An allergic reaction might be a medical emergency if it happens in two or more
of these systems — for example, hives
on the skin with stomach pain.
The most common signs that someone might have anaphylaxis after exposure to an
throat tightness or feeling like the throat or airways are closing
hoarseness or trouble speaking
nasal stuffiness or coughing
nausea, abdominal pain, or vomiting
fast heartbeat or pulse
skin itching, tingling, redness, or swelling
How Is Anaphylaxis Treated?
Anaphylaxis requires immediate treatment. It can get worse very
quickly. This is why doctors usually want people with life-threatening allergies to
carry a medication called epinephrine. Epinephrine enters the bloodstream
and works quickly against serious allergy symptoms; for example, it decreases swelling
and raises blood pressure.
Epinephrine is given as an injection. Doctors will prescribe an auto injector about
the size of a large pen that's easy for parents — and older kids — to
carry and use. If your child is prescribed epinephrine, your doctor will show you
how to use it.
Your doctor also might instruct you to give your child over-the-counter (OTC) antihistamines,
too — but they won't work alone. OTC antihistamines are never a replacement
for epinephrine in life-threatening reactions.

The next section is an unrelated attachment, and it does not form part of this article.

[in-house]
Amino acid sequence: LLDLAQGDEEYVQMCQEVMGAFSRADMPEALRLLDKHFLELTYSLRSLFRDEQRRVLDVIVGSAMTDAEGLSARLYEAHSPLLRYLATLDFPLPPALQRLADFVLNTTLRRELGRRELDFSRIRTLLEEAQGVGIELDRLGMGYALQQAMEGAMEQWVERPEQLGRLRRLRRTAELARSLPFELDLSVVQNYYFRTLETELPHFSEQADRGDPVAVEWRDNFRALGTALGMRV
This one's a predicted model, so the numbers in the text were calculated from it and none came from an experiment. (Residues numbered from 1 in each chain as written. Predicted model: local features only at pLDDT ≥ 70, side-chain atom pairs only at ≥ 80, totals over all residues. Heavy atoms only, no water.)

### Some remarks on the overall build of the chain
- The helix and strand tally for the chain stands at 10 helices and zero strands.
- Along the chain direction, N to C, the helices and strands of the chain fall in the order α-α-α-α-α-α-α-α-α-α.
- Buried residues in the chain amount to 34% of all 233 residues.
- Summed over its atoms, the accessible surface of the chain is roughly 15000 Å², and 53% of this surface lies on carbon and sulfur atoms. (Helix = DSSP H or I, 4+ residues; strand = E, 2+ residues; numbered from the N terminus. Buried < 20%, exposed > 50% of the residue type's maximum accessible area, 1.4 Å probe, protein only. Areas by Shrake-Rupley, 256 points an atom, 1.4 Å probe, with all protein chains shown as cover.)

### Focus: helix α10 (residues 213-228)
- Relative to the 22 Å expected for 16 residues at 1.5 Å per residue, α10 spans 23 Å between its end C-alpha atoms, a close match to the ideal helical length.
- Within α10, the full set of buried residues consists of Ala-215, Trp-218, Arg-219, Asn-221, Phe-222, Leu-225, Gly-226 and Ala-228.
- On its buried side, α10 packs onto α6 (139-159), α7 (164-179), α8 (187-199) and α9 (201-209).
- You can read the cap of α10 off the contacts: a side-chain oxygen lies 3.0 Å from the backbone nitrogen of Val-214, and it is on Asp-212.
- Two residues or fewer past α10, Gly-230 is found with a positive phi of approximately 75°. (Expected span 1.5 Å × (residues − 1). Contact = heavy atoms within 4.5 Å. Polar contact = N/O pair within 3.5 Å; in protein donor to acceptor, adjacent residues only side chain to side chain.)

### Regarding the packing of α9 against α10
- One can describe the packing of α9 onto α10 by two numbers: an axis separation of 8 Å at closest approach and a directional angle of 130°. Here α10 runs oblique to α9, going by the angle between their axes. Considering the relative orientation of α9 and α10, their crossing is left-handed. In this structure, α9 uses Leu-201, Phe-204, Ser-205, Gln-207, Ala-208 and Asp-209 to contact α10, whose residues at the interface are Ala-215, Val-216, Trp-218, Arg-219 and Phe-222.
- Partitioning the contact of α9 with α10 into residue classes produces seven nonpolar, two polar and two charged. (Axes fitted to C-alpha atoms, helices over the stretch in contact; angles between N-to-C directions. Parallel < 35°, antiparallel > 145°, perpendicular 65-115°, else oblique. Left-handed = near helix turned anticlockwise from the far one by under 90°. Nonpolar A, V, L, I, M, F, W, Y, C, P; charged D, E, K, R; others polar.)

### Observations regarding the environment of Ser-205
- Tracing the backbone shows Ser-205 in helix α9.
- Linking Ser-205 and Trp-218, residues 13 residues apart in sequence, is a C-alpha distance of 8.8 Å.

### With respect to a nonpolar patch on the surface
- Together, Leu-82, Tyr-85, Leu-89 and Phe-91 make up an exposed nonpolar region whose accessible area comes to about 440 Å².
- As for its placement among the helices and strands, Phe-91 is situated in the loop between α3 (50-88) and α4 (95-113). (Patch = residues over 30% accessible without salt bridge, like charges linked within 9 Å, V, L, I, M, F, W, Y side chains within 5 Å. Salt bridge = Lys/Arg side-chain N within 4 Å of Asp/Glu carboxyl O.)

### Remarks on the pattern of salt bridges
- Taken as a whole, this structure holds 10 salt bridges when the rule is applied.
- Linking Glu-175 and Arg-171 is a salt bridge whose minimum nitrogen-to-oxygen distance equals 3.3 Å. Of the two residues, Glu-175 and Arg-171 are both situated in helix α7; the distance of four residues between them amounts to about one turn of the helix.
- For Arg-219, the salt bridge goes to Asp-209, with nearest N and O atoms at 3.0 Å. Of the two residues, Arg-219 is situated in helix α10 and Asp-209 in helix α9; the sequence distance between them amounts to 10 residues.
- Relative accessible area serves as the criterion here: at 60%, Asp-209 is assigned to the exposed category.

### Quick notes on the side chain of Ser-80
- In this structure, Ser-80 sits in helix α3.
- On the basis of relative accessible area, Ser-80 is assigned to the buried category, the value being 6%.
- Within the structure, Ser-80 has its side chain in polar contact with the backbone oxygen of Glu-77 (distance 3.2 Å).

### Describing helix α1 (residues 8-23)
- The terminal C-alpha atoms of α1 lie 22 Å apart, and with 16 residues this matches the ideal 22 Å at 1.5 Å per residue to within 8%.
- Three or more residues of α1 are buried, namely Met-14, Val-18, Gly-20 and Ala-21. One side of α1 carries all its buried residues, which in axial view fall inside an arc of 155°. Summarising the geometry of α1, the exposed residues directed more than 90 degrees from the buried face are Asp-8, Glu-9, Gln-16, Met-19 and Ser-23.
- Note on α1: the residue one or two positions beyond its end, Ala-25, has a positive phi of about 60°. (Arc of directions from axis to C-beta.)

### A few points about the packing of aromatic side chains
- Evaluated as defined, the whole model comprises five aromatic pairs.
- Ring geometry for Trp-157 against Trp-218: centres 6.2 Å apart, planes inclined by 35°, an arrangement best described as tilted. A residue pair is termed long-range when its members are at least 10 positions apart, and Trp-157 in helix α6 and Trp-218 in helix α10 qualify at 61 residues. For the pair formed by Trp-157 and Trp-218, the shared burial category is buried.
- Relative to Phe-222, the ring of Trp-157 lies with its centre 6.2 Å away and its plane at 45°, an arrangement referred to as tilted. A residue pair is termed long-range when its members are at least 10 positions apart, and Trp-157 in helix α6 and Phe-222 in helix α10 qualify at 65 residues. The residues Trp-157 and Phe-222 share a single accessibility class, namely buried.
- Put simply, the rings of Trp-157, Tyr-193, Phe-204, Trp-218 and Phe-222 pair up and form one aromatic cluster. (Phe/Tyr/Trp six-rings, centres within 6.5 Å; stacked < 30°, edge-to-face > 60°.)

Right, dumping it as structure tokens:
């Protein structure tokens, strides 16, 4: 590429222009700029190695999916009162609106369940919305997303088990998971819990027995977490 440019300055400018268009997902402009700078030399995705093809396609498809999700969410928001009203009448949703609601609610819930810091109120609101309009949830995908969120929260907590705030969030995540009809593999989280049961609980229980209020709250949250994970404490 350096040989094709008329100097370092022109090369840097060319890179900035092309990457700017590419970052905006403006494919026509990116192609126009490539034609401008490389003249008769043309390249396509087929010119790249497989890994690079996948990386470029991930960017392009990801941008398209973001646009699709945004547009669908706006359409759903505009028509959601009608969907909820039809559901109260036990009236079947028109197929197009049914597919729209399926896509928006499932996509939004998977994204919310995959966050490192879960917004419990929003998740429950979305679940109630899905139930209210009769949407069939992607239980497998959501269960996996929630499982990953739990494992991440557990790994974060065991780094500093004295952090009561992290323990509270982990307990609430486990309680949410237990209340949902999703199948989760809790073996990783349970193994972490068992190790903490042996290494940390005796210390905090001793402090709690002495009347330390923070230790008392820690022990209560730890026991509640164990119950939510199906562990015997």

If Your Child Has a Serious Reaction
If your child shows signs of a serious allergic reaction:
Step 1: Give the epinephrine auto-injector right away. Seconds
count during an episode of anaphylaxis. If you are alone with your child, give this
medicine first, then call 911. If someone is with you, have the person call 911 while
you give the epinephrine.
Step 2: Further treatment can be given at the emergency room,
if needed. Your child also needs to be under medical supervision for at least 4 hours.
This is because a second wave of serious symptoms (called a biphasic reaction)
Serious allergies can be alarming. But they're easier to recognize and treat, thanks
to greater awareness and the availability of epinephrine. Make sure that any caregivers,
teachers, or coaches know about your child's allergy and what to do in an emergency.